Lateral Step

There are many ways to help improve balance. During our time of training, Bernard has brought in many different exercises. As balance has been something cerebral palsy tends to make more complicated. The lateral step wasn’t an entirely new concept for me this week. We had worked on the movement just over a year ago. During that time of introduction to the lateral step we moved over hurdles. It was the last movement in a progression Bernard had me working through not long after our time together began. Last summer we started with stepping over the hurdles moving forward. Then, the pace was sped to a jogging forward over hurdles. We also spent time working through a floor ladder drill in different forms. The drills were meant to work on balance and coordinated movement. They were also used to become familiar with foot placement on a specific spot. Something cerebral palsy has seemed to hinder, reaching for or stepping to a target. These drills also began working on purposefully positioning my body in space. With all of the progression work being done a year in the past. Bernard decided to bring back a movement we hadn’t performed in some time.

At times, the intention of movement can be challenging. It seems something hampered by my disability. The challenge would involve looking at something with the intention of reaching out and grasping the object. But, finding the arm and hand becoming shaky at the point of reaching for the object. The same can be true of my lower limbs, thought seeming not as often. However, there are times when the intention of a step becomes shaky and unstable. There have been challenges walking along an intended line designated on the floor. Tripping over something not seen has been part of my life and even stumbling at times when an object has been visible. With all of this being said, the gift lies in the ability to improve those obstacles with repetition. We had worked for weeks on my foot placement intention. Moving at all kinds of different speeds to find the best speed of progression. One of the nice things about working on a lateral step has been speed adjustment. Beginning with the diligence of taking things slow, thinking through where my feet are required to land. Then, working up to gaining the trust of landing on the intended target. Once the trust of foot placement becomes established, speed of movement can be increased. But, it had been a long time since working this particular movement.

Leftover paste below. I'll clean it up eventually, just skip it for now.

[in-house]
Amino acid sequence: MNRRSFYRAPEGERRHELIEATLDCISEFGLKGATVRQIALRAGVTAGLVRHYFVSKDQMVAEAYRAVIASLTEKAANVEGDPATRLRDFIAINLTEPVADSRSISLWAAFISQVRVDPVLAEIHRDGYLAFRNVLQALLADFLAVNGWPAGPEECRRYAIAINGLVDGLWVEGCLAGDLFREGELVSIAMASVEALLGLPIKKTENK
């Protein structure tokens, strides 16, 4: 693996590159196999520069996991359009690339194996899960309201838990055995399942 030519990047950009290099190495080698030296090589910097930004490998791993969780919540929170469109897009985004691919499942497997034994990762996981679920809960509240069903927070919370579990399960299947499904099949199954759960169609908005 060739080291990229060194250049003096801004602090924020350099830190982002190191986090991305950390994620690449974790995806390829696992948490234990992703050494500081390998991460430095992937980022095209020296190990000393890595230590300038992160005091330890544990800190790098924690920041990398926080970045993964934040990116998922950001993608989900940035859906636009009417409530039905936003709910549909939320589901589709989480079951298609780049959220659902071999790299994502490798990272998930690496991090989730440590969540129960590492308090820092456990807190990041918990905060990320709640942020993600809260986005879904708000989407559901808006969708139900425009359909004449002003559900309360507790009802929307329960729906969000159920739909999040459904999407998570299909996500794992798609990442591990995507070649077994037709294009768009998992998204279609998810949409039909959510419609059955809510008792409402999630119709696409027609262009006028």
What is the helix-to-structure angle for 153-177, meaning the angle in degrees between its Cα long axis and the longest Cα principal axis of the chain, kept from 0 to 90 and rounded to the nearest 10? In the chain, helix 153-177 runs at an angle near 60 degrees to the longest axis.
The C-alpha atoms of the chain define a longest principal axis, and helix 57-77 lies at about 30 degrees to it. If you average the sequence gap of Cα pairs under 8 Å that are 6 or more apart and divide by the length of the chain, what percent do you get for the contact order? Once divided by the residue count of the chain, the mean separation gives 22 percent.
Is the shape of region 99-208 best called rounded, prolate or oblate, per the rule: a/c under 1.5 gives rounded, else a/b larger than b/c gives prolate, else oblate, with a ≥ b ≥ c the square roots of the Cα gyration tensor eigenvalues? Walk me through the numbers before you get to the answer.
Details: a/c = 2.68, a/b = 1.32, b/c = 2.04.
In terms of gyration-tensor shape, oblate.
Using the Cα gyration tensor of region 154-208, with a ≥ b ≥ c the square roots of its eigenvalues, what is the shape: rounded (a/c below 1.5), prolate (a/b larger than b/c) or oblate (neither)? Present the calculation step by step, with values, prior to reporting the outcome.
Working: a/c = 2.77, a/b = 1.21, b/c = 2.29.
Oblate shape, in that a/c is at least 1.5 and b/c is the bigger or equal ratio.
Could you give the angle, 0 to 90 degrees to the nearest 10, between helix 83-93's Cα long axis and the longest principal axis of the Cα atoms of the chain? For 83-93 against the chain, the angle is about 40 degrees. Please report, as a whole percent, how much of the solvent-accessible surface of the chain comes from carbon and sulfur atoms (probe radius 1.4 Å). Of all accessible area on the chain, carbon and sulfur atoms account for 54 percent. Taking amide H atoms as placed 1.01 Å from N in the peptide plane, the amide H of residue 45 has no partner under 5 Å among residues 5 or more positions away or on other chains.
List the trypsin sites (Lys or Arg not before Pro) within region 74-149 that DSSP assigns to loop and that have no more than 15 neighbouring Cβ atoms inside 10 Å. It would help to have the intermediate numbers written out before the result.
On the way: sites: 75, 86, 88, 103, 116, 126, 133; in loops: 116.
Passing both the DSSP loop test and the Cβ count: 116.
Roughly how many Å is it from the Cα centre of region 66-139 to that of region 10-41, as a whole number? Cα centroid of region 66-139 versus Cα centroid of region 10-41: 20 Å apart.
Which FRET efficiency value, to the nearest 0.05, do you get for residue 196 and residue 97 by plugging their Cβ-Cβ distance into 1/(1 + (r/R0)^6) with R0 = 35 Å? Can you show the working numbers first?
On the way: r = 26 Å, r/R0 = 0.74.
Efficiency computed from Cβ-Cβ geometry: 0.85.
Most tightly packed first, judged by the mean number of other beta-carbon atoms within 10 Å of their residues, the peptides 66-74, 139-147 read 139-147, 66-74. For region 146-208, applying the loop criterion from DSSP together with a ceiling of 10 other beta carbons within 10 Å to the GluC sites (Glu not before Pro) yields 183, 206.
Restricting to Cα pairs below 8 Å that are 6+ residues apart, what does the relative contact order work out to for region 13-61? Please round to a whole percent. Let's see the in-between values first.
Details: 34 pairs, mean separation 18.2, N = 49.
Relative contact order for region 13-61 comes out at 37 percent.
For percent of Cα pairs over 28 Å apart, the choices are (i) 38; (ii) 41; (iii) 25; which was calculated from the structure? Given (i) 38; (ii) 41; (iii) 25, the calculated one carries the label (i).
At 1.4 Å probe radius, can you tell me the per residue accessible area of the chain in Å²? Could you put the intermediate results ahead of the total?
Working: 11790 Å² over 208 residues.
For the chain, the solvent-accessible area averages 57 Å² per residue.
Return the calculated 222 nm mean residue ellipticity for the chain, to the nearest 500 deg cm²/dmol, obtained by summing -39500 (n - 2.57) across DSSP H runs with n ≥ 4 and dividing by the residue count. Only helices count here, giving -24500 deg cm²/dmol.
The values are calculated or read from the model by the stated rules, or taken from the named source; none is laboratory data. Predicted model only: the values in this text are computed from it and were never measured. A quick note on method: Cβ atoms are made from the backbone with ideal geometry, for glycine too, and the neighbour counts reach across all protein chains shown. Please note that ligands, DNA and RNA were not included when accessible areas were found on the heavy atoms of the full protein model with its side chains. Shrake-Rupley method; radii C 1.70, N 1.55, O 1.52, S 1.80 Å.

We dove directly into working my lateral movement. In the past, we might have begun with moving forward over hurdles. But, this would be slightly different without the quick refresher. There were square purple blocks used for my obstacles to move over. Two of them were set a short distance apart, lying flat on the ground. Bernard performed a quick demo, reminding me of the movement. The refresher helped me visualize the positions for my feet and body before stepping up to the block. Even with the demonstration from Bernard, there was apprehension moving through my emotions. It had been a while since moving laterally over any kind of object. The worry over continuing to keep my balance was running around the thought pattern. I’m always hoping to execute these exercises well, especially when we had spent time on them in the past. Almost sensing my apprehension while preparing to begin, Bernard reminded me to take it slow when beginning. With his reminder circulating through my thoughts, it was time to give the lateral step a shot. So, with the two blocks flat on the floor, it was time. My first time of moving over two of the blocks was done diligently. As time wore on and some comfort of movement set in, the speed could be escalated.